Do doctors who volunteer their services in disasters overseas do more harm than good?BMJ 2006; 332 doi: https://doi.org/10.1136/bmj.332.7535.244 (Published 26 January 2006) Cite this as: BMJ 2006;332:244
- Hasan Tahir, consultant physician and rheumatologist (firstname.lastname@example.org),
- Zafar Iqbal, general practitioner and sports physician
- Academic Rheumatology and Osteoporosis Unit, Whipps Cross University Hospital, London
- Carlton House Surgery, Enfield
Recently we returned from the area in Pakistan affected by October's earthquake, having provided care to people suffering in its aftermath. Nothing could have prepared us for the distressing scenes we saw. Whole generations have been lost; millions of people have been left homeless and thousands of children orphaned.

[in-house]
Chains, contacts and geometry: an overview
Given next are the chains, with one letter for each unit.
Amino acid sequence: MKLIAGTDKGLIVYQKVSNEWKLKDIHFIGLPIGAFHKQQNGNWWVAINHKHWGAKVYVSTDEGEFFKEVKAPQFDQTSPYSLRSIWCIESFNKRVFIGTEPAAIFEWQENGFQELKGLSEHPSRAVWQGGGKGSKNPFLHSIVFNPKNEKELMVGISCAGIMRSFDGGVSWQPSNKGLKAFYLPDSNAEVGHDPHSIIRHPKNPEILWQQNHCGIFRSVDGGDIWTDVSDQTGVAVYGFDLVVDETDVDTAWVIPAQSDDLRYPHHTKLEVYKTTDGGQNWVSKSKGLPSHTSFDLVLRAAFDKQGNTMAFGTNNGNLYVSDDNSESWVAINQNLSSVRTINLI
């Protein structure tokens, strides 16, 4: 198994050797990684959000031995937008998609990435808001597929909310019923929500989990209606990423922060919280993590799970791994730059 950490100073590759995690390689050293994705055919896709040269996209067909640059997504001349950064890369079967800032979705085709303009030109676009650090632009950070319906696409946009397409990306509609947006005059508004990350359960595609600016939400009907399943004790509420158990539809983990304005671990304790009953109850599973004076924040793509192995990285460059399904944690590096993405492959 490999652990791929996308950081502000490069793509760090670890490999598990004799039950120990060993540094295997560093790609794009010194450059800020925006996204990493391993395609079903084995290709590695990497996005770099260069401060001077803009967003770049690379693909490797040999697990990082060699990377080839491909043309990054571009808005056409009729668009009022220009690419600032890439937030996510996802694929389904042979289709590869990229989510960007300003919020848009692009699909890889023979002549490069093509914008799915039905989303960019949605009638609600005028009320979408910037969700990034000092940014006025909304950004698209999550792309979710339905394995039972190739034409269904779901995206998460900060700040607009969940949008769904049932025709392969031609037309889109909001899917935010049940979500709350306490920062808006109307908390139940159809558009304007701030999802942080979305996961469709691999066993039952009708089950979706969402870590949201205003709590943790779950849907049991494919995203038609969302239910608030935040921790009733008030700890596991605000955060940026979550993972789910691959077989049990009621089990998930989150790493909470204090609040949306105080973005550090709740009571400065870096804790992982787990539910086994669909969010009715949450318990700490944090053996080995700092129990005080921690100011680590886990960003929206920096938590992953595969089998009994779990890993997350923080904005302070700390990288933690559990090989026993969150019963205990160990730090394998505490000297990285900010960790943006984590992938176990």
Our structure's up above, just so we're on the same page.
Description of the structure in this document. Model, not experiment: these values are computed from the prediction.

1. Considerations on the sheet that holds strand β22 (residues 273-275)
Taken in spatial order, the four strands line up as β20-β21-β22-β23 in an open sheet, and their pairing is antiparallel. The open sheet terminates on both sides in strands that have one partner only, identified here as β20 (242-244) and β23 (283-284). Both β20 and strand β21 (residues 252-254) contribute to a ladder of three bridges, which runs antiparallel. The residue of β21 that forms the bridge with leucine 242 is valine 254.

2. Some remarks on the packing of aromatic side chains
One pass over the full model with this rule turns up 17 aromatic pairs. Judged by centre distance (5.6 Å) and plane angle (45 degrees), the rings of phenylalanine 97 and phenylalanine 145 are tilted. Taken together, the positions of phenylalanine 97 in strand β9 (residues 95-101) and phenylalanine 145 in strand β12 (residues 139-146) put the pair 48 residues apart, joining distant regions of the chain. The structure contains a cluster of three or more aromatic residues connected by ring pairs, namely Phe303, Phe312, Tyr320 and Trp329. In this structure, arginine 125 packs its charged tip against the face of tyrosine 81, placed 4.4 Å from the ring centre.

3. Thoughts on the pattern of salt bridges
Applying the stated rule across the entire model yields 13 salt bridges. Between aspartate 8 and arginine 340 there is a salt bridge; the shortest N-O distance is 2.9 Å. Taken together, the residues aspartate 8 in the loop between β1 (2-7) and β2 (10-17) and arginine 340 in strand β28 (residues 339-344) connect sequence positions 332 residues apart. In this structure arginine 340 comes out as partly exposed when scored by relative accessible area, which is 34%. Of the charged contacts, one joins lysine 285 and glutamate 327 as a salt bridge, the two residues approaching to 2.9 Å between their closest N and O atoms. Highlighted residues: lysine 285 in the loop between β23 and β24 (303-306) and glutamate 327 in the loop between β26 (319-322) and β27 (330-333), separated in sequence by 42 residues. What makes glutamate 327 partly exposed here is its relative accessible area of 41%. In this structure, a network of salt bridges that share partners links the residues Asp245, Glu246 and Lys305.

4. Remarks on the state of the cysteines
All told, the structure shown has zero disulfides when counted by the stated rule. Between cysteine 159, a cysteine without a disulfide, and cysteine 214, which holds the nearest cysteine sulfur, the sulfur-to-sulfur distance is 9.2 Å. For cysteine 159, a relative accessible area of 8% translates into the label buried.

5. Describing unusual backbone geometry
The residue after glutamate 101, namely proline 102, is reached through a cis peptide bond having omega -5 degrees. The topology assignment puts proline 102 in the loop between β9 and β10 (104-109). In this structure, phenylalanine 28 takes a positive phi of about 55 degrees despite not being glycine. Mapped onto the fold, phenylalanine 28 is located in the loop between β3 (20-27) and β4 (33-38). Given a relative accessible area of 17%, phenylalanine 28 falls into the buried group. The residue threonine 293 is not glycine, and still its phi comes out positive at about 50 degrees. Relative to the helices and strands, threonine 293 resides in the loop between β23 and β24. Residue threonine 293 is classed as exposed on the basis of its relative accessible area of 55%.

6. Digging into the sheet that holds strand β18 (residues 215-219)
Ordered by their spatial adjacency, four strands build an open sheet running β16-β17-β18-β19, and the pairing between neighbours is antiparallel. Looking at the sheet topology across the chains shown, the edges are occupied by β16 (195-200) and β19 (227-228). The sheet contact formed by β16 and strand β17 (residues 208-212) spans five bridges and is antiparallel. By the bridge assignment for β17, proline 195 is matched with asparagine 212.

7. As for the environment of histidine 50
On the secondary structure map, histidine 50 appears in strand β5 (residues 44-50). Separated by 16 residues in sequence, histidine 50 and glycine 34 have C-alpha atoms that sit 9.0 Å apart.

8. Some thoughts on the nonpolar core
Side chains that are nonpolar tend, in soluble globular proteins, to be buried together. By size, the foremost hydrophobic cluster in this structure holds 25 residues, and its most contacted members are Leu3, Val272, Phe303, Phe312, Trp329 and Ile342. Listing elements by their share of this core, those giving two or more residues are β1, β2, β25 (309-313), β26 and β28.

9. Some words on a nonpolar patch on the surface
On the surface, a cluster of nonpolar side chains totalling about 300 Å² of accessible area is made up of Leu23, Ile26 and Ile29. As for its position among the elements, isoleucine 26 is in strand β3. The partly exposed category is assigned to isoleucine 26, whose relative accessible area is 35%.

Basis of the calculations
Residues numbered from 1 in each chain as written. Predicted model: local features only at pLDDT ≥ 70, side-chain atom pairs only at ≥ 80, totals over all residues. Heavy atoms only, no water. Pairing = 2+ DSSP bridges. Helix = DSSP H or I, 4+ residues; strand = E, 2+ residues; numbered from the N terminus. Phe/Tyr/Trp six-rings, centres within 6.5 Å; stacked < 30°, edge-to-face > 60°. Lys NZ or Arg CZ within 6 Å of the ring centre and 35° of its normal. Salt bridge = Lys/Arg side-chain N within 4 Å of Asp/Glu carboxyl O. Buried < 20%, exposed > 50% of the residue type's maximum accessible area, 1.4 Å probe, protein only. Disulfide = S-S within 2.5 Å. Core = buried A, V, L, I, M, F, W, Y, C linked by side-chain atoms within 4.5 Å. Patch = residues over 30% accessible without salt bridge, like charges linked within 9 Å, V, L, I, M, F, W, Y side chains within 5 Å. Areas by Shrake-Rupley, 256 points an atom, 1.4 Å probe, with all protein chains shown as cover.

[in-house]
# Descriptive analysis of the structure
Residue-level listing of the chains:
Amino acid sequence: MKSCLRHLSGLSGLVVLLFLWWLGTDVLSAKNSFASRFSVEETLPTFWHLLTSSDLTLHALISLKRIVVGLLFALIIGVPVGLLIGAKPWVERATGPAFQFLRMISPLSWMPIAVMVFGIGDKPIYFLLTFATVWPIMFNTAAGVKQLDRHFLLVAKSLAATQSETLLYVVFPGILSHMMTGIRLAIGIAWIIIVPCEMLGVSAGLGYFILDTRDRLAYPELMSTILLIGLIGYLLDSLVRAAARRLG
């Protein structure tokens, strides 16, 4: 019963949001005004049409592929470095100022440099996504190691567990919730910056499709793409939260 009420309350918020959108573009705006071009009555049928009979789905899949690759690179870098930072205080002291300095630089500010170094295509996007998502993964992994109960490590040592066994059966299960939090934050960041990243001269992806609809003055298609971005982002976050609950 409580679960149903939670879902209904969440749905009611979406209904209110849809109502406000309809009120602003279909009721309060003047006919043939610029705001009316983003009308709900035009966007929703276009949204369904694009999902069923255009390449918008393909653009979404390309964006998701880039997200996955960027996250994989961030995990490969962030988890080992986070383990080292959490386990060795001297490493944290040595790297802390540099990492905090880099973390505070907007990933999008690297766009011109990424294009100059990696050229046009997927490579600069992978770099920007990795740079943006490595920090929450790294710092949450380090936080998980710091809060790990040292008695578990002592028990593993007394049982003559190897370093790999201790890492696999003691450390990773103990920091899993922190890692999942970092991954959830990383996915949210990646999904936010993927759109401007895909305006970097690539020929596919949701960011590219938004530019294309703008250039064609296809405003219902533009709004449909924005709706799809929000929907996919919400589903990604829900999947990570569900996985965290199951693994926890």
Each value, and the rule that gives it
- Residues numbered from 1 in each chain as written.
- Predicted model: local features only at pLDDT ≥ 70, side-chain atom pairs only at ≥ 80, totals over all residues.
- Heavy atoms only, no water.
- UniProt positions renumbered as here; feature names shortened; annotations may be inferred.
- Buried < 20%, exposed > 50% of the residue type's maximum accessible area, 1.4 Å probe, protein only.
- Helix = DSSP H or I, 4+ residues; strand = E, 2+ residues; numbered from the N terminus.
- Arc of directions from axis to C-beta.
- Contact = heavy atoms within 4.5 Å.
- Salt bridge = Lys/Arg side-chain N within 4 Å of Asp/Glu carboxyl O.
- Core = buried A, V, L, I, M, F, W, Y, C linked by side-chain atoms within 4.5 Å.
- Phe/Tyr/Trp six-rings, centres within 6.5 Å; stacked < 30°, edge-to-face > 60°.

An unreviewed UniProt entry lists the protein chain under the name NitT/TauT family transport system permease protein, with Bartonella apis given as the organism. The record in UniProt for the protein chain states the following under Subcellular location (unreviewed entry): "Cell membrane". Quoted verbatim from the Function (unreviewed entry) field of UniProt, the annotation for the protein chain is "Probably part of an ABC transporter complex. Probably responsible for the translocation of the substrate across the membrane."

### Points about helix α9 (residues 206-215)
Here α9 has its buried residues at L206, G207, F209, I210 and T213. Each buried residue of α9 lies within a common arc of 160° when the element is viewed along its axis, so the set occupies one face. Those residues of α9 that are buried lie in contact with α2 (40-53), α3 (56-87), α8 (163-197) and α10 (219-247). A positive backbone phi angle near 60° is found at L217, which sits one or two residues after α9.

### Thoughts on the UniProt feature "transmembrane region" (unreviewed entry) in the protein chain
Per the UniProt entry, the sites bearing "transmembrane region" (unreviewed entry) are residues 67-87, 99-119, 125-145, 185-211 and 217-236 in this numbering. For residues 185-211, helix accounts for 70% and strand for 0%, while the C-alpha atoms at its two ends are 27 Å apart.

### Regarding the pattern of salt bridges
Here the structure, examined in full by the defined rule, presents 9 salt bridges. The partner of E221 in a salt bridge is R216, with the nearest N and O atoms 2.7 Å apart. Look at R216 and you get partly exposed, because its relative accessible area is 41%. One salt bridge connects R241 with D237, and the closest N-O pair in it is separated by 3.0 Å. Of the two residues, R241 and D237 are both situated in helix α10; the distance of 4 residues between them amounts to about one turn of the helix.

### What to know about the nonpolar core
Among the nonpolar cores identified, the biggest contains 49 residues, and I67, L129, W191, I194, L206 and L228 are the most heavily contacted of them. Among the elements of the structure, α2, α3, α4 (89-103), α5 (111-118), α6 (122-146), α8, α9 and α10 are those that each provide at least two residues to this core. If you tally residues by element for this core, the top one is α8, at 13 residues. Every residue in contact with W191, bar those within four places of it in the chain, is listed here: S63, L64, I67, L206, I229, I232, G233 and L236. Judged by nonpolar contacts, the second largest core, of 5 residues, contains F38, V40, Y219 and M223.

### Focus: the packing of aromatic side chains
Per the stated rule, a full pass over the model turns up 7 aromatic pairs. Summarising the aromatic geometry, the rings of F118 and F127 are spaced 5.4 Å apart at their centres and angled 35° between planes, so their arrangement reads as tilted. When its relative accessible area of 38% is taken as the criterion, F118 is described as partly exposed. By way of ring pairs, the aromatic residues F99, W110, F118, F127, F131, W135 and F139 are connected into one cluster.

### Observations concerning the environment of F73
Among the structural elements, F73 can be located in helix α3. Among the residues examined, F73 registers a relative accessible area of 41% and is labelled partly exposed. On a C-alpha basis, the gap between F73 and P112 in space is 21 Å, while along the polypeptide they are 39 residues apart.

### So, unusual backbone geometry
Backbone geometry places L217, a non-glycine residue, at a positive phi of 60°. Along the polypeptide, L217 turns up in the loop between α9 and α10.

As in all recent natural disasters there was an outpouring of charity from the public and a rush to the scene of scores of emergency relief organisations. These ranged from recognised, regulated official organisations to unregulated and ad hoc groups.
Many individual overseas medical professionals volunteered their help and inundated the afflicted areas. However, although well meant, their help led us to question whether volunteer doctors do more harm than good.
We were alarmed at the number of patients who had received some …